LLC’s versus Trusts

Many of the weaknesses of trusts are made apparent in the How Not To Protect Assets section of this website, so we will just touch lightly on trusts in this section. Generally speaking, trusts are not a very good asset protection device. Self-settled trusts (a.k.a. “asset protection trusts”, whether onshore or offshore) are an especially bad way to protect assets. The reasons for this are:

  • Trusts are usually expensive to set up and maintain.
  • A properly set up trust (if it is an irrevocable trust used to protect assets) requires someone else to have control of your assets. More than a few people have put their liquid assets into an offshore trust, and then had the trustee run off with their assets!
  • Trusts are inflexible.
  • Assets are transferred to a trust by gifting, instead of a for-value transaction, which increases the likelihood of a fraudulent transfer ruling.
  • It is often difficult to explain why someone set up an asset protection trust (especially an offshore AP trust) for any other reason than to evade or delay payment to creditors, which makes the trust even more vulnerable to a fraudulent transfer ruling.

There is one type of trust that can be a good asset protection tool. It is called a spendthrift trust, and these trusts are typically supported by state laws that limit a creditor’s right to the trust’s assets to distributions of earnings from the trust.  Since an LLC has this same asset protection feature, is more flexible, and is easier/cheaper to set up and maintain, PF Shield does not use spendthrift trusts. If you wish to have a spendthrift trust set up, please consult with a competent attorney.


There is another little-known trust that PF Shield will sometimes recommend to a client, which is to be ideally used in conjunction with an LLC or other limited-liability entity. This trust is called a Land Trust or a Personal Property Trust. It is a type of revocable living trust, wherein the beneficiary retains the ability to make decisions regarding the management of the trust’s assets, and the trustee merely executes/acts as signor on pertinent documents. This type of trust does NOT protect one’s assets, however it can be useful in providing an additional layer of privacy when one is using an LLC for certain activities. For example, if your LLC membership interest is held in a personal property trust, and you find yourself on the witness stand as a defendant in a civil lawsuit, a lawyer may ask you the following question:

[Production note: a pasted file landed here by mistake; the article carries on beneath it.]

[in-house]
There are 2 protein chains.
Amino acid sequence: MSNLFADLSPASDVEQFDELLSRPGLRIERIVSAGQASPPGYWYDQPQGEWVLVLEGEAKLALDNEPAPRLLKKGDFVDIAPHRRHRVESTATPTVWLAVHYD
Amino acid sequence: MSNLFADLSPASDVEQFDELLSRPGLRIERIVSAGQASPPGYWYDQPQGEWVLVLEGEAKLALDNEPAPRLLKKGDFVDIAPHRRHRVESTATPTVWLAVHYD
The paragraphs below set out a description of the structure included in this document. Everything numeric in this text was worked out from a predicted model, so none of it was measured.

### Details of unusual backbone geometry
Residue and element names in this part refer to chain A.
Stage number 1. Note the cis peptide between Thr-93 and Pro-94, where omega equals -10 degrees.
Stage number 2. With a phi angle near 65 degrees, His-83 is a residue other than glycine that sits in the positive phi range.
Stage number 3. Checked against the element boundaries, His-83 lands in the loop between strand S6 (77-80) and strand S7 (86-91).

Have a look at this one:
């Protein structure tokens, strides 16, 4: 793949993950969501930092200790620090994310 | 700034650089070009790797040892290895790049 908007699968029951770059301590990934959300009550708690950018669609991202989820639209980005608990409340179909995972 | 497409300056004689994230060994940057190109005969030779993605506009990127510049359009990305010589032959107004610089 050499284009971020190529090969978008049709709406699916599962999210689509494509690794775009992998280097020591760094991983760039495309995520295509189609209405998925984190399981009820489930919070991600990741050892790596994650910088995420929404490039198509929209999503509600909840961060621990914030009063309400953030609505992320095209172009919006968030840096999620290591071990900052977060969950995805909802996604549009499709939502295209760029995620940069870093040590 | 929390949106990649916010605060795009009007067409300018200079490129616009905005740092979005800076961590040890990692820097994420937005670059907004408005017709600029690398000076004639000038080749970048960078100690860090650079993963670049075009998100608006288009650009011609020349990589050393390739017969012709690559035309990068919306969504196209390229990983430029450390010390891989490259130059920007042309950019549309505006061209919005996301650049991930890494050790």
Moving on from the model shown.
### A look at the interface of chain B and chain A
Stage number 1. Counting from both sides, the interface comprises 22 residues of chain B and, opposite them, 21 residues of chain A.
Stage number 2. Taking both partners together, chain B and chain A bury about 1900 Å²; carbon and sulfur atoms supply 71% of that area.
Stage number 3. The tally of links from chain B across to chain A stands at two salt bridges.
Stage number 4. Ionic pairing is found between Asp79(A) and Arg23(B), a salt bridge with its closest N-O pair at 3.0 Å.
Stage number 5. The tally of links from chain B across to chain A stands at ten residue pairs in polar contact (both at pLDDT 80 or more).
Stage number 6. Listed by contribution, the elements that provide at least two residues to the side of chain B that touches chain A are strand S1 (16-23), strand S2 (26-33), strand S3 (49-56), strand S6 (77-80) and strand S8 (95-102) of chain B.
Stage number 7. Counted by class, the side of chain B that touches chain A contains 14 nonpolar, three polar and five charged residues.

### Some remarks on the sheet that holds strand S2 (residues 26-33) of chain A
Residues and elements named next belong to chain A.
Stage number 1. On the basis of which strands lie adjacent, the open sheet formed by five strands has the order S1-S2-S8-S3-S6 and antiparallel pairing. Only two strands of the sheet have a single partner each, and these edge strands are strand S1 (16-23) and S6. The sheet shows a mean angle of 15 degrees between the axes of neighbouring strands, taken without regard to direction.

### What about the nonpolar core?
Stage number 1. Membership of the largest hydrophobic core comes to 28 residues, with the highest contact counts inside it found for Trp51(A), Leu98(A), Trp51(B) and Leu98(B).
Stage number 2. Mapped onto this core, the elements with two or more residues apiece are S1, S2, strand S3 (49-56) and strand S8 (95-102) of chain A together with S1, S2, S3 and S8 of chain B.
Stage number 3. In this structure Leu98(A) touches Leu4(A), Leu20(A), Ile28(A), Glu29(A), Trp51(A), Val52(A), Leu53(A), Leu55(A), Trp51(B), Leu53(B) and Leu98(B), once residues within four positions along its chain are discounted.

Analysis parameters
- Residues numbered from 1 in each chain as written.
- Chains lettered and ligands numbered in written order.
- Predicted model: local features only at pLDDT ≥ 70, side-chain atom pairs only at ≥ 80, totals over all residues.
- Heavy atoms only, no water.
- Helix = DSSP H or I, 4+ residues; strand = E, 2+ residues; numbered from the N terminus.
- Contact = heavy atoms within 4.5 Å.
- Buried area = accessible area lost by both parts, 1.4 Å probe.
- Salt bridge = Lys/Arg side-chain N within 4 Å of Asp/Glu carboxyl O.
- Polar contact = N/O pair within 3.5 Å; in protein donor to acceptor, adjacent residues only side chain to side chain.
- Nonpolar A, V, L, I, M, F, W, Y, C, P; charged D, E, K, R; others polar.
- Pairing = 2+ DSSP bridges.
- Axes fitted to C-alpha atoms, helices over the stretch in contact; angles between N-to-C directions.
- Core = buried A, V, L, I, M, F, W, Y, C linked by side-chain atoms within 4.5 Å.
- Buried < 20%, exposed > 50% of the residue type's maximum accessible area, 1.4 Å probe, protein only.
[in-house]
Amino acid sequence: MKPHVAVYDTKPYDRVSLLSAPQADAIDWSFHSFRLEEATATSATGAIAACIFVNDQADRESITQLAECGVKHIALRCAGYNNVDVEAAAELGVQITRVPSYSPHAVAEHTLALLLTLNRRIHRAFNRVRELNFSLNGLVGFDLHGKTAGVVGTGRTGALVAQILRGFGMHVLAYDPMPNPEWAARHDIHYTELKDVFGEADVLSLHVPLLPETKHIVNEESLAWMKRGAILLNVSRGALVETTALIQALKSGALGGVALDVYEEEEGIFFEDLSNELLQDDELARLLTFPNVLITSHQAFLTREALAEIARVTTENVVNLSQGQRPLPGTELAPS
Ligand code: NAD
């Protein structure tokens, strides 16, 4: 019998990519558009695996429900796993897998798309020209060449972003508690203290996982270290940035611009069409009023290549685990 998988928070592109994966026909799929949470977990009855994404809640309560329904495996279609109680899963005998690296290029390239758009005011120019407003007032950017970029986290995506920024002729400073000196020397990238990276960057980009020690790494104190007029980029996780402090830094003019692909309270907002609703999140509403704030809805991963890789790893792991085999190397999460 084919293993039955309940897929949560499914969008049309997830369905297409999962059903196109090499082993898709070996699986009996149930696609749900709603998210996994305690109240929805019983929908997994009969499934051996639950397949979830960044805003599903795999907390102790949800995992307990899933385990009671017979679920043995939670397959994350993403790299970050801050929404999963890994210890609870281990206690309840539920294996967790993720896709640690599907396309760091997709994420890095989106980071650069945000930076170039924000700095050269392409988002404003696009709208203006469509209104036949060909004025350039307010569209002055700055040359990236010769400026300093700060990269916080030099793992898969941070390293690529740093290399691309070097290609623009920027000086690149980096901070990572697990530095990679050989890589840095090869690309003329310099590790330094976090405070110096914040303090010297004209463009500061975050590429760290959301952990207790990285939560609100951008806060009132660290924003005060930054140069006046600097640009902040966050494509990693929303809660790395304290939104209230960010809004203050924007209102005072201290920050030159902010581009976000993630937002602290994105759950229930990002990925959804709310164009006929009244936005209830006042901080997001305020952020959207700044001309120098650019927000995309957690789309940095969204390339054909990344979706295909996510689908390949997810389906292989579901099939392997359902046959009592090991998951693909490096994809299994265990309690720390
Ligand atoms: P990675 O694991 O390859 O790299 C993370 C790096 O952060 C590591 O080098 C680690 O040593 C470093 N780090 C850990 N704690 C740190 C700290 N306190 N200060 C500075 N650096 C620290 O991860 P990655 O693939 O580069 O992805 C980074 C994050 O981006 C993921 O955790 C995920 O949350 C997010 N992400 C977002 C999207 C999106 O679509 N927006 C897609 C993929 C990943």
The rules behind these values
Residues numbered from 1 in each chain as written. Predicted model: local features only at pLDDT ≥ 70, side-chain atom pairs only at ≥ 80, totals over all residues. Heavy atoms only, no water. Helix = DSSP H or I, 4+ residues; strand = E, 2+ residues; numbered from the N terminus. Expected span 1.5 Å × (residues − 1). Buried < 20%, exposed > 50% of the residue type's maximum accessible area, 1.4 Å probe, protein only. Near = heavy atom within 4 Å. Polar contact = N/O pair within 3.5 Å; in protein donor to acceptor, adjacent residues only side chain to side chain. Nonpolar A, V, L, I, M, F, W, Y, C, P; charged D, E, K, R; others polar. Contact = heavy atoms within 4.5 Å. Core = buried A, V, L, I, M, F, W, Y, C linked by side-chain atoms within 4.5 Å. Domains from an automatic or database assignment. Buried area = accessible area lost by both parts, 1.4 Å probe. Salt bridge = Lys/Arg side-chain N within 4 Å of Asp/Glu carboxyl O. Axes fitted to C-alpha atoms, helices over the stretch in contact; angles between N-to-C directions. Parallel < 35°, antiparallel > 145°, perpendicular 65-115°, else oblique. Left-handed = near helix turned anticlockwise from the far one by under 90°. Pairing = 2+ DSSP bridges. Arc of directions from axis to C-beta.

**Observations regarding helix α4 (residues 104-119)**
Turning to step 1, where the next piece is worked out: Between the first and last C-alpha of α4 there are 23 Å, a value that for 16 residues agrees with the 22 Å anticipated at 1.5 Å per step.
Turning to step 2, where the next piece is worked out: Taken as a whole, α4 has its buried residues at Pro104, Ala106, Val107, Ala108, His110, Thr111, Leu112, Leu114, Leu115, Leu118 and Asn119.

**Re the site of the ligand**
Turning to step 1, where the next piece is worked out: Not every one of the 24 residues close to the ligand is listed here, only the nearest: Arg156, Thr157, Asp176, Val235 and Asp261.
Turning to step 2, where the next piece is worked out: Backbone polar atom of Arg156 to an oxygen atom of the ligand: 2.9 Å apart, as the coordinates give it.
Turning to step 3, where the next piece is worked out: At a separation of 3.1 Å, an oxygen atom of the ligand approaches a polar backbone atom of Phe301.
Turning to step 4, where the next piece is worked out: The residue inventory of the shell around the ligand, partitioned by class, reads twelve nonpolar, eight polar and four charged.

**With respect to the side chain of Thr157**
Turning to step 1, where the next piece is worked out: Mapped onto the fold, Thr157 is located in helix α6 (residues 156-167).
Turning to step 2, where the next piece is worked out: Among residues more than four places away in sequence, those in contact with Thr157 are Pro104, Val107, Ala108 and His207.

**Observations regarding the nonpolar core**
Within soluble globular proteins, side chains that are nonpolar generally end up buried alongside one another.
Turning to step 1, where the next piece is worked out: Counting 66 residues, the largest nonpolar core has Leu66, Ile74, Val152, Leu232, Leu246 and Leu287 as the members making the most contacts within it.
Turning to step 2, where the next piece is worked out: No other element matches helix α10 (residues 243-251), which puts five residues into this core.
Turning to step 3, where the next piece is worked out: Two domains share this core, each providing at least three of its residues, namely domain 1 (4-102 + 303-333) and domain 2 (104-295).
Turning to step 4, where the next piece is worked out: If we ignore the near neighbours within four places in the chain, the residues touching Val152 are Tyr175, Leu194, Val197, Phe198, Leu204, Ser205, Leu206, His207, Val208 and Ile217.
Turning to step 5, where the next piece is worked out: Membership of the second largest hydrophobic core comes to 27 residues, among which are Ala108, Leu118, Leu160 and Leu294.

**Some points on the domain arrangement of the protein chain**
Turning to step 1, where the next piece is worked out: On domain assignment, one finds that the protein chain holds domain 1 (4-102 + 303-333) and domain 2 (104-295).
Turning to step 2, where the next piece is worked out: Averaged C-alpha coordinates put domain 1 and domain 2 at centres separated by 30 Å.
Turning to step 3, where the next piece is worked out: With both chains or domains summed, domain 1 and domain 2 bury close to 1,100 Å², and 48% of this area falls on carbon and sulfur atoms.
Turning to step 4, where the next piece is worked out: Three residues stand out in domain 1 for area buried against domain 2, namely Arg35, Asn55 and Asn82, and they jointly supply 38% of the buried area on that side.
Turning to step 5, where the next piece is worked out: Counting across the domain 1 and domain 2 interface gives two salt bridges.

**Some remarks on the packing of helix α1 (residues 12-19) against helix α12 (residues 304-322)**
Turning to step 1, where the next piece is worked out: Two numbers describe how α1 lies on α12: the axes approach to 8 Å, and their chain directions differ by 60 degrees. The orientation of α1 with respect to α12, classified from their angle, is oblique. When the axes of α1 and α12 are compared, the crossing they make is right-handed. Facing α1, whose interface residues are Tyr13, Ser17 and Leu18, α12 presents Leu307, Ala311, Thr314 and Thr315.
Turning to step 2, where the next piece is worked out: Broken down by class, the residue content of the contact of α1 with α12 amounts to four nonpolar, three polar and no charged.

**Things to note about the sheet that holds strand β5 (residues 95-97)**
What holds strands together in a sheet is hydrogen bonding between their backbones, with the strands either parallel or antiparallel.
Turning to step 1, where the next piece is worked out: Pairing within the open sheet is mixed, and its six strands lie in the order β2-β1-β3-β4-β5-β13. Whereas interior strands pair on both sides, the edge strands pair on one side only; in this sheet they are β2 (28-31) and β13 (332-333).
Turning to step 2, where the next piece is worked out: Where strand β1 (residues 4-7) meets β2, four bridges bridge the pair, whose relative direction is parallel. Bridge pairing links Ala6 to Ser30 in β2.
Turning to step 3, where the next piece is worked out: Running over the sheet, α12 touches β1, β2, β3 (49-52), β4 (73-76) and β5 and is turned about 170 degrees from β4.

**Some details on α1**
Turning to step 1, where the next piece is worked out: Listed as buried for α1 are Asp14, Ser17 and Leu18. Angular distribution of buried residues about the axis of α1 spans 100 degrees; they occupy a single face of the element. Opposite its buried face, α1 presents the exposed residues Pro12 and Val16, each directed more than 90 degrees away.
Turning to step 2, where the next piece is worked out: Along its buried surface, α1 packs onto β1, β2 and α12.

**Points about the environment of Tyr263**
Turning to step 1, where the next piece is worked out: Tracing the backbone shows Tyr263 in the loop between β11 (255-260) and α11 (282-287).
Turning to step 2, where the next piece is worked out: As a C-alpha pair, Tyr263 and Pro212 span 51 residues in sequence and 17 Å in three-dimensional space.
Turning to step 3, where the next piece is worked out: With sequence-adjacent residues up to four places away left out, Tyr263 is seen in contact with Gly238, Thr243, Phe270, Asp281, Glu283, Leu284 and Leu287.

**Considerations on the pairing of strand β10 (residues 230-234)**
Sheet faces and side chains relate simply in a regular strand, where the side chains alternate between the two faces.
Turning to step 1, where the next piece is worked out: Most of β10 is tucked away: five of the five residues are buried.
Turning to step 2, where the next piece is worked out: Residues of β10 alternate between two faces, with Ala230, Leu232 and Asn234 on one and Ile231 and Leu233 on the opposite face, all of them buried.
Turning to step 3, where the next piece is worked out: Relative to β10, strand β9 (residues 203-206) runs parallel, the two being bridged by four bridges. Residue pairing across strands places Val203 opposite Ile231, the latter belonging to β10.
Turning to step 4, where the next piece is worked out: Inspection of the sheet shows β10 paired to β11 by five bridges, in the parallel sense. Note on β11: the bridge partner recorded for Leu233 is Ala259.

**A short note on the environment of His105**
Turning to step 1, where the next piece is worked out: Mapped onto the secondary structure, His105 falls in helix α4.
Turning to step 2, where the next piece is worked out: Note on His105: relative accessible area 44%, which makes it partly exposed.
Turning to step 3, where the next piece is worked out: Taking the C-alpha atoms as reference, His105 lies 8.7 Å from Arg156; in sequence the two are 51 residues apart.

“Do you have a membership interest in such-and-such LLC?”

If your membership interest is held by this trust, you can honestly answer “no” and maintain your privacy. Of course, the lawyer could ask if you have a beneficial interest in a trust that has a membership interest in such-and-such LLC, and then you’d have to answer in the affirmative (unless the trustee is an attorney; then you would probably benefit from the attorney-client privilege, and would therefore not have to answer that question!) However, in most cases the  existence of this trust would be a complete secret in the first place, and even if the trust’s existence was not a secret, the vast majority of lawyers are not skilled enough to think to ask this type of question, since Land Trusts/Personal Property Trusts are not very well known.